Thurston Moore’s solo records have always been an interesting barometer to his state of mind outside of Sonic Youth. Psychic Hearts, his solo debut, was the most Sonic Youth of any of his solo albums, but that was also 1995, a time when his main gig was riding some of its highest commercial presence. It may not have made sense to deviate too much from the norm, especially with videos on MTV.
But by the time he returned with another proper solo album, it was 2007 and Sonic Youth was something different. 2011’s Demolished Thoughts was gorgeously fragile and had more in common with a singer-songwriter turn for a frontman than a natural extension of his band. And then everything came crashing down. His divorce from wife and long-time band mate Kim Gordon did away with Sonic Youth, he started a new band, Chelsea Light Moving, and put his foot in his mouth a few times in the press. And now his first solo record since before all of that sounds an awful lot like a late period Sonic Youth album. And it makes perfect sense.
With the muscularity of Rather Ripped crossed with the long-running, wandering feel of Murray Street, The Best Day is a huge gift for fans of that time in the band’s history. Opening tracks “Speak to the Wild” and “Forevermore” take up 20 of the 50 minutes of the album. It’s a testament to the way that Moore has always been able to make long songs like that feel engaging, hypnotic and not the cardinal sin of such things, boring. Albums in the 50 to 80 minute range rarely have these few number of tracks anymore, but I always get a little excited when I see that kind of tracklisting. It’s one of the reasons why Murray Street remains one of my top three Sonic Youth albums : compactness that feels wide in scope. The Best Day has that same quality.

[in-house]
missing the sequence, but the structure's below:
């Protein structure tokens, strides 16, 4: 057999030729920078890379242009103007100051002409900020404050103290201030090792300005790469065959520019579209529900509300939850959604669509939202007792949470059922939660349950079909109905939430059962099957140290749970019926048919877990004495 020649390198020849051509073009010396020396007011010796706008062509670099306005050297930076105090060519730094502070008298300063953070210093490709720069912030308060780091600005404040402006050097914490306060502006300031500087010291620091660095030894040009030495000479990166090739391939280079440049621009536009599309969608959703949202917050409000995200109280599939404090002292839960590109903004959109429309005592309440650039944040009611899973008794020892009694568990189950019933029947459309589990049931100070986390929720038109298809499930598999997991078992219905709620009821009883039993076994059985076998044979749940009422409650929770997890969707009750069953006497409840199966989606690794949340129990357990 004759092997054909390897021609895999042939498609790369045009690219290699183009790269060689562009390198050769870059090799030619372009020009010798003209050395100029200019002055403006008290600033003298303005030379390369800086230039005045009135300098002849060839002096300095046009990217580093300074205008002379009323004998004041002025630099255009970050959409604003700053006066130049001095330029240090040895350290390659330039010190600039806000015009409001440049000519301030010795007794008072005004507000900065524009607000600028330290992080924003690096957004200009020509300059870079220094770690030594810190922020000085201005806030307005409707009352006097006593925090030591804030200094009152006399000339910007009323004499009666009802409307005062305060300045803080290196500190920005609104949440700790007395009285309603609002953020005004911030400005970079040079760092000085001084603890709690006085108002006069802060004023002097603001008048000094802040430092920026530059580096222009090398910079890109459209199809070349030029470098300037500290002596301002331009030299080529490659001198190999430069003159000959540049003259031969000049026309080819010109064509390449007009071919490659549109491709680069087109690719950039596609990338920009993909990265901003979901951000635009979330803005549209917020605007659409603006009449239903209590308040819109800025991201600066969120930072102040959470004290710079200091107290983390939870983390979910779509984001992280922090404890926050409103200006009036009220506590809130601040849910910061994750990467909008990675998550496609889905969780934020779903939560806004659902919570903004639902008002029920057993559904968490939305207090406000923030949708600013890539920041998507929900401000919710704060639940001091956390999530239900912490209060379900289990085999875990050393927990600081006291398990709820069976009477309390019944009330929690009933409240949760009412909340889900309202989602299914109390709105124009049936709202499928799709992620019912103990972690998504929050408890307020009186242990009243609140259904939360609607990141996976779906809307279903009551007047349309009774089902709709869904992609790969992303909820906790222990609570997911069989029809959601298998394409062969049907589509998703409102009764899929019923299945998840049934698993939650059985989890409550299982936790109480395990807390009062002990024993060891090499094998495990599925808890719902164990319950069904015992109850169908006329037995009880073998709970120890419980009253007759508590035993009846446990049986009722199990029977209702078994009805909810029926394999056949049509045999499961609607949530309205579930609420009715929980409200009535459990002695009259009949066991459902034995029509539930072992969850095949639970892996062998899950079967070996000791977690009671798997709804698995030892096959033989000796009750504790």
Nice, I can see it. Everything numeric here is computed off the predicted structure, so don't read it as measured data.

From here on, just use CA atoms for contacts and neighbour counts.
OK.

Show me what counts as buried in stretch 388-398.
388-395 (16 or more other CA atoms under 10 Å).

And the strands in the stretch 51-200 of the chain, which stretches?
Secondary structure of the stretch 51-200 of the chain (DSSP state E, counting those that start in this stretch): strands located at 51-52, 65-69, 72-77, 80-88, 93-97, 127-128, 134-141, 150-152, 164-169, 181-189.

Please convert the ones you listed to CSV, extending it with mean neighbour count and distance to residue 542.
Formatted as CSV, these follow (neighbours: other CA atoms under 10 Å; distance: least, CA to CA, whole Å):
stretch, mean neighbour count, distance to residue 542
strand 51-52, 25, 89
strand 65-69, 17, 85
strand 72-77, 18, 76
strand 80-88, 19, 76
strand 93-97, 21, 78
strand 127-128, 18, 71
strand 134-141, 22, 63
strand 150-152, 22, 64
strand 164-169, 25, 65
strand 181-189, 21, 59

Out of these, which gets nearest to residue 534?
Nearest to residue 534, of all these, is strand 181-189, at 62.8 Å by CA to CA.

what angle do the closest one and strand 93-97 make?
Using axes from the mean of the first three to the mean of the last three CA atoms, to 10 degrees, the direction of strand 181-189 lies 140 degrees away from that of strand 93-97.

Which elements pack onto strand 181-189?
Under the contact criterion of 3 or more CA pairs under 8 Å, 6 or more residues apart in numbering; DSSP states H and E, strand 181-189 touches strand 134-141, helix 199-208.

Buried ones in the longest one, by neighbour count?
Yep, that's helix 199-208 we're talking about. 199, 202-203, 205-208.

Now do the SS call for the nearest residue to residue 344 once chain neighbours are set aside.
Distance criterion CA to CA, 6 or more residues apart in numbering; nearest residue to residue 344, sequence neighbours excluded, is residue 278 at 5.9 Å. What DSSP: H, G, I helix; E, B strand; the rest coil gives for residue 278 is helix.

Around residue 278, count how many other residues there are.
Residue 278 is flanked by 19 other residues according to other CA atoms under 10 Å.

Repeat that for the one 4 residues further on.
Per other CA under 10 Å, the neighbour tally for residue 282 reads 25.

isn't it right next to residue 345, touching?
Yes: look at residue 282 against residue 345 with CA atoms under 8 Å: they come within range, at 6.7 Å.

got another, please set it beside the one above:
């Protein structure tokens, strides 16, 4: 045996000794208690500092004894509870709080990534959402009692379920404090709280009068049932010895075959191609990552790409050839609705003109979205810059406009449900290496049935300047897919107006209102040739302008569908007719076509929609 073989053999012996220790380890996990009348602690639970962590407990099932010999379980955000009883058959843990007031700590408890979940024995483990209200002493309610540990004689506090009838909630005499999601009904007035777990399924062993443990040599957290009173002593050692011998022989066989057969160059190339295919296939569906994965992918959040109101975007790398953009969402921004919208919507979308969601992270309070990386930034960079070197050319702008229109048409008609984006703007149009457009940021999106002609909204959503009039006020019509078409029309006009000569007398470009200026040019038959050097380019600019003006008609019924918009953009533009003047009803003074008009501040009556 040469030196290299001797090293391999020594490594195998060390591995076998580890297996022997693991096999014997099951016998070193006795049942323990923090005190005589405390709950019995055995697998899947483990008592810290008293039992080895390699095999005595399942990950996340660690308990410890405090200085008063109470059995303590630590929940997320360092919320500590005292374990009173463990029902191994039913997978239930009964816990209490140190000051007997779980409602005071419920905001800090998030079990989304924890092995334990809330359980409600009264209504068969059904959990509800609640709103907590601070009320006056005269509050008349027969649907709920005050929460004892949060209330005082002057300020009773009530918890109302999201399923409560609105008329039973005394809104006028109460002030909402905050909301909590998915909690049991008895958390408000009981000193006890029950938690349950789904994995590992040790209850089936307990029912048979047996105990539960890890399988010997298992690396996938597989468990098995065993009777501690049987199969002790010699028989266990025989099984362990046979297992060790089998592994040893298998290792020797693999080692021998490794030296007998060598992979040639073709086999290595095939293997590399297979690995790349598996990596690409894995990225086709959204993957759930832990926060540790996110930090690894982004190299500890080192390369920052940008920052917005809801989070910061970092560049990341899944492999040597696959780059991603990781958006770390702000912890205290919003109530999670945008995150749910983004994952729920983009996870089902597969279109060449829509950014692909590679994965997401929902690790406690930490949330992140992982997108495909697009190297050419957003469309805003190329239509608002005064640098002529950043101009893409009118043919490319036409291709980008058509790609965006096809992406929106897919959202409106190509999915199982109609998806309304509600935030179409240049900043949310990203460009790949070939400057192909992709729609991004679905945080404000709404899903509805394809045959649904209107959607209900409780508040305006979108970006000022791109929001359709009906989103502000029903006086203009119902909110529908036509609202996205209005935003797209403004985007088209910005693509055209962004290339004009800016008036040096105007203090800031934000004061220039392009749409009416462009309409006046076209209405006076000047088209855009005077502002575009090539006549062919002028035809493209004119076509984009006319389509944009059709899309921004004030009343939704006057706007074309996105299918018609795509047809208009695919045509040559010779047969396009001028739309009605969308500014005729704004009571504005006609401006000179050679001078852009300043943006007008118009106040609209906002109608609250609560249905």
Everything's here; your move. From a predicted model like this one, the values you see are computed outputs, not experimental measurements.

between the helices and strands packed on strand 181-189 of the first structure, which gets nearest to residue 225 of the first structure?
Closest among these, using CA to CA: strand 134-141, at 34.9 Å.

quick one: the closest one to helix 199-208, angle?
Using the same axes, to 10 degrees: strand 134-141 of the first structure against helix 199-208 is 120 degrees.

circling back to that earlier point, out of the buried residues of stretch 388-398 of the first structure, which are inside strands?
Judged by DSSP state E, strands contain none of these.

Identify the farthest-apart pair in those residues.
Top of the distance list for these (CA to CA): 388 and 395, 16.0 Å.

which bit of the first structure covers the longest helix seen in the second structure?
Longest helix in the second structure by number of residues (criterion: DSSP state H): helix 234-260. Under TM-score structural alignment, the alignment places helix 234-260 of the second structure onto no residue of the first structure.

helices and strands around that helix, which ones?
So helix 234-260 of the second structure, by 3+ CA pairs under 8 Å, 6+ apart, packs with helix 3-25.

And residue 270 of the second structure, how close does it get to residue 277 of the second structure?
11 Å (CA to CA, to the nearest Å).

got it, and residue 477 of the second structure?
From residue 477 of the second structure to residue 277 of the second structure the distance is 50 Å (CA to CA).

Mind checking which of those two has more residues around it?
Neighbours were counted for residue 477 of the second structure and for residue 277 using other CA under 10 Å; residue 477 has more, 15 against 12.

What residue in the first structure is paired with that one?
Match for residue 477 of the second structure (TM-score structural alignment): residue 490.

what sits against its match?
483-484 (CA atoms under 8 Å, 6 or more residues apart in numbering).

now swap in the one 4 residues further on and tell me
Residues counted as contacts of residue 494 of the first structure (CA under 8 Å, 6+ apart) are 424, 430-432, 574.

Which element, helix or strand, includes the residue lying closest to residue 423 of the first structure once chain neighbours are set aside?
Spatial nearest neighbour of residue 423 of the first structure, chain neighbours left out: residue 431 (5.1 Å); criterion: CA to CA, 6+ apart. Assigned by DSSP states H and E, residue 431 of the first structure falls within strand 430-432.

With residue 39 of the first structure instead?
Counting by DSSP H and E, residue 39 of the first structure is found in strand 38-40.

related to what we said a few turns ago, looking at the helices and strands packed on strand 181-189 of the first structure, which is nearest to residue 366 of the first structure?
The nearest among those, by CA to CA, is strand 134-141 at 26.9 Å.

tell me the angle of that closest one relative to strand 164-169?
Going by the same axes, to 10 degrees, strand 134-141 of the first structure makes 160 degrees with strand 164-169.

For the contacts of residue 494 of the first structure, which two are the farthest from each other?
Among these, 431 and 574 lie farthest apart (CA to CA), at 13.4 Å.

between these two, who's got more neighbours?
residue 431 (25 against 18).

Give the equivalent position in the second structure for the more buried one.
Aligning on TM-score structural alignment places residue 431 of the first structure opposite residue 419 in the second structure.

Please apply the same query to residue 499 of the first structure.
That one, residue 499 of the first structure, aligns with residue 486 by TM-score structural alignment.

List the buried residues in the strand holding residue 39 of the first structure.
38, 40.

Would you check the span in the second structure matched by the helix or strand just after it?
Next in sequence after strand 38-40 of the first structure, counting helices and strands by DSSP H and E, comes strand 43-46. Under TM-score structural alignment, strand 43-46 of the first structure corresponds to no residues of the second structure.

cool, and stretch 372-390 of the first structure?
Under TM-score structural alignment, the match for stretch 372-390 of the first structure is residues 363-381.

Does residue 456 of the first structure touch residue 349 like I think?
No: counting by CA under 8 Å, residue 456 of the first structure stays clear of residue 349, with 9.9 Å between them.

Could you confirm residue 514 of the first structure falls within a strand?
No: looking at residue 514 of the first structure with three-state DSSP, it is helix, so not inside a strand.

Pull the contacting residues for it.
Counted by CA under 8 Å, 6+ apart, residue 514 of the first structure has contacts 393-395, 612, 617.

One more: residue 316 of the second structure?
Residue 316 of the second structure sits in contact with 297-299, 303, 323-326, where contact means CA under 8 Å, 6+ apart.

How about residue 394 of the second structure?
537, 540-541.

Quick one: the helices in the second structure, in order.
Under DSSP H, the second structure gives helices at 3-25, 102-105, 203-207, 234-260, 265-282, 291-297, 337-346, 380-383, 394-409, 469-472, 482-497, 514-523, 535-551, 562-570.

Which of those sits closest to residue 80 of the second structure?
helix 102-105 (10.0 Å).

And there’s something different in Moore’s voice this time around, too. His delivery hasn’t changed that dramatically – a career built on a dryly disaffected voice that sounds tailor made to deliver small bursts of manic truth isn’t going to disappear overnight. But the title track displays some of the most active singing Moore has done in some time, the ends of lines quickly vibrating. Then the end of the song has a small instrumental section that sounds like a beefed up rendition of something off of a Fairport Convention album. It’s breathtaking in that it sounds like the man who is almost the epitome of the music-historian-slash-geek-turned-musician really letting that knowledge loose and also letting it find a natural home amongst a sound he has found and refined over nearly 35 years of recording.
The problem with these types of records is that there is no room for filler. This isn’t an album structure built to let the minor throw-aways make the bangers stand out in relief. This is the definition of an album that relies on all its parts to build a whole and The Best Day does just that. It closes with one of its best songs – not an easy title to win on this album – “Germs Burn.” It spirals out into chaos, coming back to chugging riffs and going out on a squall of noise, all while Moore gives a taut, chant-shout vocal that hovers above it all. It’s a relatively quick and sudden finish to a record that takes its time luring you in, but it seems only natural and fitting. There’s an impish grin that underlies all of this – a grin that knows it still has some relevant mischief to unspool. words / j neas